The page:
Other options for guests will include desert excursions, trekking through canyons, horseback riding, and even survivalist skills workshops. Habitas will host concerts of traditional music and lectures on Saudi society; art walks and Arabic calligraphy classes will also be on offer. There will be efforts to support local communities, as well, connecting guests with local farmers, schools, and artisans for off-property experiences that provide a window into rural Saudi life.
But Should You Go?
Of course, no matter how many new hotels pop up, Saudi Arabia is a destination unlike any other. “Norms for public behavior in Saudi Arabia are extremely conservative,” according to the U.S. Department of State, which presently advises citizens against traveling to the kingdom due to both the risk of contracting COVID-19 and “the threat of missile and drone attacks on civilian targets.” The UK Foreign and Commonwealth Office similarly warns that “terrorists are likely to try to carry out attacks in Saudi Arabia. Attacks can be indiscriminate, including in places visited by foreigners.”
The State Department offers additional advice: “Tourists are expected to dress modestly in public, avoiding tight fitting clothing or clothes with profane language or images; women are not required to wear abayas or cover their hair but are expected to cover their shoulders and knees, and men should not go without a shirt. … Social media postings which contravene cultural standards can have legal and/or criminal consequences.”
Some have questioned the ethics of visiting the kingdom, which is an absolute monarchy, at all. Negative comments flooded the accounts of a number of social media influencers after they visited Saudi Arabia on government-sponsored trips last fall. A recent Amnesty International report asserts that, in 2019, Saudi “authorities escalated repression of the rights to freedom of expression, association and assembly. They harassed, arbitrarily detained and prosecuted dozens of government critics, human rights defenders, including women’s rights activists, members of the Shi’a minority and family members of activists.”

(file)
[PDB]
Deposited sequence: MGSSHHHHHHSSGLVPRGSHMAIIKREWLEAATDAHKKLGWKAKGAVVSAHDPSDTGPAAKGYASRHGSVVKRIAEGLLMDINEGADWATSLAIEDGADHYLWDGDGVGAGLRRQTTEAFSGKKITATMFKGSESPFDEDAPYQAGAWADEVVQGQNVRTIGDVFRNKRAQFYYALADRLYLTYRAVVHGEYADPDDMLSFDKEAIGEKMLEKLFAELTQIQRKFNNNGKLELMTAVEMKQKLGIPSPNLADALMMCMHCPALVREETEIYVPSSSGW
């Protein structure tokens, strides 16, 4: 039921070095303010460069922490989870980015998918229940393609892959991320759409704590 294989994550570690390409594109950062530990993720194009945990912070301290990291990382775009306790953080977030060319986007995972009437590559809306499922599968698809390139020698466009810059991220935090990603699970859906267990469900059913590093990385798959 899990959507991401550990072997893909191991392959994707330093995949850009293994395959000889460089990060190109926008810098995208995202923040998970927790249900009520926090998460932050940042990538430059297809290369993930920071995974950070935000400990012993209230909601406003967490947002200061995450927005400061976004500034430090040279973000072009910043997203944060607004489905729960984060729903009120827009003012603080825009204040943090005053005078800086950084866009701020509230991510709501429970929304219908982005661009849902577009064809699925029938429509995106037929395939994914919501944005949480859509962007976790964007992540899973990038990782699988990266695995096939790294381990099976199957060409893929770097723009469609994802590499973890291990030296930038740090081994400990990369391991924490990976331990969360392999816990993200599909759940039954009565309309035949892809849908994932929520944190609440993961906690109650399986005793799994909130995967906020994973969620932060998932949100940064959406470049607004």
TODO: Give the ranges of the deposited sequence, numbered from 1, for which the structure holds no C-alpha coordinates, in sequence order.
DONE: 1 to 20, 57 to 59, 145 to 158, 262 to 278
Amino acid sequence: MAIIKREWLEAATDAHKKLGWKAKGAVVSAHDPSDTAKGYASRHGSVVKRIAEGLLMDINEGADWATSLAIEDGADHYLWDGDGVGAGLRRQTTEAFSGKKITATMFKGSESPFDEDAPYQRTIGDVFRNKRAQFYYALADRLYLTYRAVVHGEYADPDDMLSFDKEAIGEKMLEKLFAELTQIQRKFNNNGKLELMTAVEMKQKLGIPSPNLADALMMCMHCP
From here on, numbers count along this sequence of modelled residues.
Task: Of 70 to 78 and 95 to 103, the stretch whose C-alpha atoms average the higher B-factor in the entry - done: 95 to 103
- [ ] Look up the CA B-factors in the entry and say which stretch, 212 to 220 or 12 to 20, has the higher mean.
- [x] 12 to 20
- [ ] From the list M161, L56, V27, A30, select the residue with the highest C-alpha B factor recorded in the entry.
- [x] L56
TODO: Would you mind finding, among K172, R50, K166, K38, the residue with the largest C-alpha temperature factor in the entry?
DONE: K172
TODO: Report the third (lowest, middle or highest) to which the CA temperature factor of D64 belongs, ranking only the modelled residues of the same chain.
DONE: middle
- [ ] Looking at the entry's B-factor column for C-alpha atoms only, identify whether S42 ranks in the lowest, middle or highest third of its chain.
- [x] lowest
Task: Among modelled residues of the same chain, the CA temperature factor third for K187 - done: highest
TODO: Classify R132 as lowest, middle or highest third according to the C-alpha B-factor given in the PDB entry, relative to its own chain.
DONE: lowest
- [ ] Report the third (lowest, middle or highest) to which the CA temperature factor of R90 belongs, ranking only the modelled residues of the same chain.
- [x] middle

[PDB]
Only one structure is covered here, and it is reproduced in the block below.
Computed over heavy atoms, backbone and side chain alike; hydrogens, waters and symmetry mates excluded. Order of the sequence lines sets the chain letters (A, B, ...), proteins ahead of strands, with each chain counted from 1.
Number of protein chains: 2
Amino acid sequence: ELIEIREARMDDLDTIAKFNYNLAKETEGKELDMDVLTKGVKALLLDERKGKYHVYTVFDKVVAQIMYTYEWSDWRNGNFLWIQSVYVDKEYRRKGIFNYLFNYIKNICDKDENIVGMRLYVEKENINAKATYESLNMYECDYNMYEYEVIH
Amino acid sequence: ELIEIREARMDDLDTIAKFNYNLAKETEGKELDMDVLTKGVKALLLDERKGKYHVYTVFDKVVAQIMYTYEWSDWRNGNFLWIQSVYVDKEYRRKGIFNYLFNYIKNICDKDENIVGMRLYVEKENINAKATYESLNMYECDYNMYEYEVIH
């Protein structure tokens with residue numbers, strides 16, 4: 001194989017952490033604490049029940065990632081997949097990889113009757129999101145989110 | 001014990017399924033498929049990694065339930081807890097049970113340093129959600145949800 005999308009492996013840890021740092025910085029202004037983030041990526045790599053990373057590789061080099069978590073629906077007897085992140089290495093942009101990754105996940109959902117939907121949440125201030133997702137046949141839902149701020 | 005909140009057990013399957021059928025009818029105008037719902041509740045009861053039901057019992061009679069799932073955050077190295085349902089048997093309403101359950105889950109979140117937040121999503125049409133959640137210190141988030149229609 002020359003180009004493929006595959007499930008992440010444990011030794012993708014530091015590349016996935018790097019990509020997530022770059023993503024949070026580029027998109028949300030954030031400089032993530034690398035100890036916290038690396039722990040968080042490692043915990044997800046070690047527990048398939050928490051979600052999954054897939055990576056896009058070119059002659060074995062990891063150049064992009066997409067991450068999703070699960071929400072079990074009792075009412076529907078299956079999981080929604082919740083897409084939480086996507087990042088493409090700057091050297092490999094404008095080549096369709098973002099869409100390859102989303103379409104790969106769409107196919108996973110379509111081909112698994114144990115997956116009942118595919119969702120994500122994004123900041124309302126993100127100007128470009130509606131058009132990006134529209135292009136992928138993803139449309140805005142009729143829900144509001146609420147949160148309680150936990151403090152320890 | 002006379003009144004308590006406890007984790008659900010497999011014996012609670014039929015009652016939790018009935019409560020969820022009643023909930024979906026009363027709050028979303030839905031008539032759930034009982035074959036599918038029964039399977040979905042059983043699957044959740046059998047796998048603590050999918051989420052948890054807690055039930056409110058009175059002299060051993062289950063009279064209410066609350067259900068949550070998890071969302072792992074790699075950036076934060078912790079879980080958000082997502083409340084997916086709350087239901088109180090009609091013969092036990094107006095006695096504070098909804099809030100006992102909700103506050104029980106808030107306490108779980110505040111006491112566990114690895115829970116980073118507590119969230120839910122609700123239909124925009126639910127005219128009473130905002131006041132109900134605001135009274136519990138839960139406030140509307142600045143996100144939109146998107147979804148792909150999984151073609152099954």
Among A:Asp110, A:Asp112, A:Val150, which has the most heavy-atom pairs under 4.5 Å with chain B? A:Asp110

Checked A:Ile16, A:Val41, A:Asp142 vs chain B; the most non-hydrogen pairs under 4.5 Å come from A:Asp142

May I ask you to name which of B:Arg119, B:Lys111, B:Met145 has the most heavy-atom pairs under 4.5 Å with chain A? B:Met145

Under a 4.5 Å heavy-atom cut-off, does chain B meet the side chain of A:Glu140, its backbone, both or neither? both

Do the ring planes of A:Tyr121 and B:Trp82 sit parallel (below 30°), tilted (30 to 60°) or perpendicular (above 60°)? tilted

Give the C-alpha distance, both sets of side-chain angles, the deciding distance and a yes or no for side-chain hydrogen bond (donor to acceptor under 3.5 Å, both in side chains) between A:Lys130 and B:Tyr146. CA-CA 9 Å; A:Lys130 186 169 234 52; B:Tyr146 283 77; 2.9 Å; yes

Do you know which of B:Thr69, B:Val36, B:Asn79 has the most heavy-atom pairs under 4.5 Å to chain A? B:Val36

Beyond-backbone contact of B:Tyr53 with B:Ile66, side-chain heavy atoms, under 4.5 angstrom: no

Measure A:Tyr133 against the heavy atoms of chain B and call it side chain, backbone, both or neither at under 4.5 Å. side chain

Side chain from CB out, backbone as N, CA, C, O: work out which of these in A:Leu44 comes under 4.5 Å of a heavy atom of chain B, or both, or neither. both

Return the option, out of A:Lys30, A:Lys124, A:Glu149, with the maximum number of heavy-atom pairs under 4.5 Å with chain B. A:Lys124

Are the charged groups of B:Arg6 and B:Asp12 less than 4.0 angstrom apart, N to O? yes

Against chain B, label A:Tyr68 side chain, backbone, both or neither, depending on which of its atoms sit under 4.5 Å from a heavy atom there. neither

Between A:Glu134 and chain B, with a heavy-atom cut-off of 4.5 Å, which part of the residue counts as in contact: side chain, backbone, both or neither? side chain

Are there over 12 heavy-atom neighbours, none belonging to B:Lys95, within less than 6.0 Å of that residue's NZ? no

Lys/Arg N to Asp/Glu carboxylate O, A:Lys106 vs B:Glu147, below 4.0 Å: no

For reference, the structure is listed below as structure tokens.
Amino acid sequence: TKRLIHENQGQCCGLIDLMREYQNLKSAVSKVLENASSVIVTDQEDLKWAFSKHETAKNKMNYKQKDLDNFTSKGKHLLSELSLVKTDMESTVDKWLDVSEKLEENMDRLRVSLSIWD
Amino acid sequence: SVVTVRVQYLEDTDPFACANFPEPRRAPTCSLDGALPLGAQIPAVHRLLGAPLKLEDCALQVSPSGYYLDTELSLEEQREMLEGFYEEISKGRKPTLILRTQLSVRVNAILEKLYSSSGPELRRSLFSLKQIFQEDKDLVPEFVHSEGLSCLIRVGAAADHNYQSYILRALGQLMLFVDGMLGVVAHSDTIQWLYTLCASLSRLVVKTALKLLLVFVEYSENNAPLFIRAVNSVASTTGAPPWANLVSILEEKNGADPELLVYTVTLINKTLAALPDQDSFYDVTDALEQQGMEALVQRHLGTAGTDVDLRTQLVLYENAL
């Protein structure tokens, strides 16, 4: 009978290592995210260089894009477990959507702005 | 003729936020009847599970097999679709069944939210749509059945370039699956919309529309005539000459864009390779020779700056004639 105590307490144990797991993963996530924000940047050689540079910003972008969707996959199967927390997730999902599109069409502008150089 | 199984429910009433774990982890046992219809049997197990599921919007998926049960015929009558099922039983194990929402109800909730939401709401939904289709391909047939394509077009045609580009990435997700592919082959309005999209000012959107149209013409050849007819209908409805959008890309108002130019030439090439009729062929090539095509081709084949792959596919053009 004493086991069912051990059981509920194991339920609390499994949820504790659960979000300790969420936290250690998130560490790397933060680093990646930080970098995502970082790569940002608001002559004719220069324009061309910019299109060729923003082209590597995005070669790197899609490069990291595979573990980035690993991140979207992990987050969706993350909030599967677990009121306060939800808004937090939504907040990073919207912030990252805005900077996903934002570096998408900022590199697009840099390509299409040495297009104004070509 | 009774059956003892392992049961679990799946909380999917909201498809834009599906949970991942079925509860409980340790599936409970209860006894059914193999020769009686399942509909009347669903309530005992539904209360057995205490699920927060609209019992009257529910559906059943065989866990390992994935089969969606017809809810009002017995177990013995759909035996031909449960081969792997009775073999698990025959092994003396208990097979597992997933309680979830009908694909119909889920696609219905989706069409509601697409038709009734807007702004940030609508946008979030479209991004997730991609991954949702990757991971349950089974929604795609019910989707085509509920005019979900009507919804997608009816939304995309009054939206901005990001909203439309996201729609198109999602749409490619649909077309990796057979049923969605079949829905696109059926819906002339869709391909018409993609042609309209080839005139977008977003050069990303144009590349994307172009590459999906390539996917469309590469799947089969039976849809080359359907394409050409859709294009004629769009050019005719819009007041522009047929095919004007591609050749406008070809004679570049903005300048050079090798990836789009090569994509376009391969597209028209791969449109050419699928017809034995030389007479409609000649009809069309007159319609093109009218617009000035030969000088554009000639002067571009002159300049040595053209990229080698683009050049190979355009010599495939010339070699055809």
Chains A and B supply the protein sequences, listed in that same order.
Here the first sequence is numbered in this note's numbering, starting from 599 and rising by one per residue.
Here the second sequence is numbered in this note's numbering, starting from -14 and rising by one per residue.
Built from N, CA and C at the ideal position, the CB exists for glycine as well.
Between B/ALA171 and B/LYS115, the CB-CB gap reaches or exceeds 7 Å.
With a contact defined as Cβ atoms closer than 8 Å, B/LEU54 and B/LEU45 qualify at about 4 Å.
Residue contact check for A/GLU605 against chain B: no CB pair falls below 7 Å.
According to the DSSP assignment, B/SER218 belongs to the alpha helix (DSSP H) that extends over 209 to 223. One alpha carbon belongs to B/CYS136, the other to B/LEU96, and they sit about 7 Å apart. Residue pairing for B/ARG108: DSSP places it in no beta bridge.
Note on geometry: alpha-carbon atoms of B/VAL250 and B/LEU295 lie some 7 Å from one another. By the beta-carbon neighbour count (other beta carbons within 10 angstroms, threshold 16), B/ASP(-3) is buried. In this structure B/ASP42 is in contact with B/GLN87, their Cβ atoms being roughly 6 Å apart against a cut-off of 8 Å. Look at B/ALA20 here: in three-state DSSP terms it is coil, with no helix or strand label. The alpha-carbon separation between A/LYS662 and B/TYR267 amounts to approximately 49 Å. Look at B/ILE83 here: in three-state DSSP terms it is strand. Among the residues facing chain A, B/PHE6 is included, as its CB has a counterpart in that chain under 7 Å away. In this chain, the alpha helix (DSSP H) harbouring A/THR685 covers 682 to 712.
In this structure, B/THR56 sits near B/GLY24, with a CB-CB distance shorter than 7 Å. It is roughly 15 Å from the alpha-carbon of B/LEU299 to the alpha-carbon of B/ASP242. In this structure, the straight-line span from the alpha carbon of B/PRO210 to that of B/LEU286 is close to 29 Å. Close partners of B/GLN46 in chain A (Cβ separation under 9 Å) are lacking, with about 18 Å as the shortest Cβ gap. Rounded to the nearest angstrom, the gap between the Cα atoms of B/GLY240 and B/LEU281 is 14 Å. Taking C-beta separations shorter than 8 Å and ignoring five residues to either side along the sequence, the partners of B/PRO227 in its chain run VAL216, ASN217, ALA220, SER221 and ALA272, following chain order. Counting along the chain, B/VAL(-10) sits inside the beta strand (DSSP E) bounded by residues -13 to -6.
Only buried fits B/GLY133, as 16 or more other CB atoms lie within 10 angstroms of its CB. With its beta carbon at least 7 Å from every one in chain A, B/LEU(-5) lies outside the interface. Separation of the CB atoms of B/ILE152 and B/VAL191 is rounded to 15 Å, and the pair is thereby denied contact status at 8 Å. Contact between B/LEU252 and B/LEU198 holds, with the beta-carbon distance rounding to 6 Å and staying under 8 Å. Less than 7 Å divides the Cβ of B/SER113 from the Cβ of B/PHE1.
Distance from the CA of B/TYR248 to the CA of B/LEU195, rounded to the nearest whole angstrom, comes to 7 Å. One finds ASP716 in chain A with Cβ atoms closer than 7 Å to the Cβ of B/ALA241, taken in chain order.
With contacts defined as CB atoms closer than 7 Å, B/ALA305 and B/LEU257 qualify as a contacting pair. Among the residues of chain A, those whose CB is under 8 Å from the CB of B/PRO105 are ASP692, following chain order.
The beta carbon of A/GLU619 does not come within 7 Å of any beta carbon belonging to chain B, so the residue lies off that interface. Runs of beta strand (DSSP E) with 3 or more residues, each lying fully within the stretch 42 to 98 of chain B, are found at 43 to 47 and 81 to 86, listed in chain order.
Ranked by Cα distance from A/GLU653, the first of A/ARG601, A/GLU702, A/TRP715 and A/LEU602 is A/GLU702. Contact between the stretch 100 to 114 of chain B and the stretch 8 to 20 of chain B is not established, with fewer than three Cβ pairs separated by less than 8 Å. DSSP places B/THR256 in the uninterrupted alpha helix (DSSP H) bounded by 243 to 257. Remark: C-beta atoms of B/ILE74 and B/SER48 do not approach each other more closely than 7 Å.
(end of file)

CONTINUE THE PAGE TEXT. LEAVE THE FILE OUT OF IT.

But for Ripley, of Habitas, going to see the kingdom first-hand is part of better understanding it: “I was not sure what to expect when I first went to [Saudi Arabia], but I was blown away by the people I met, the culture, the history, and how diverse the landscape is. Change takes courage and one of our company values is ‘be the change,’” he says. “A better future depends on our mutual understanding of one another. The world now more than ever needs compassion and travel is an incredible gift to enable this.”
Travel + Leisure has previously written about the complex considerations that travelers should make before deciding to go. With the continued building boom underway in AlUla, more adventurers may soon be asking themselves whether 2021 is the time.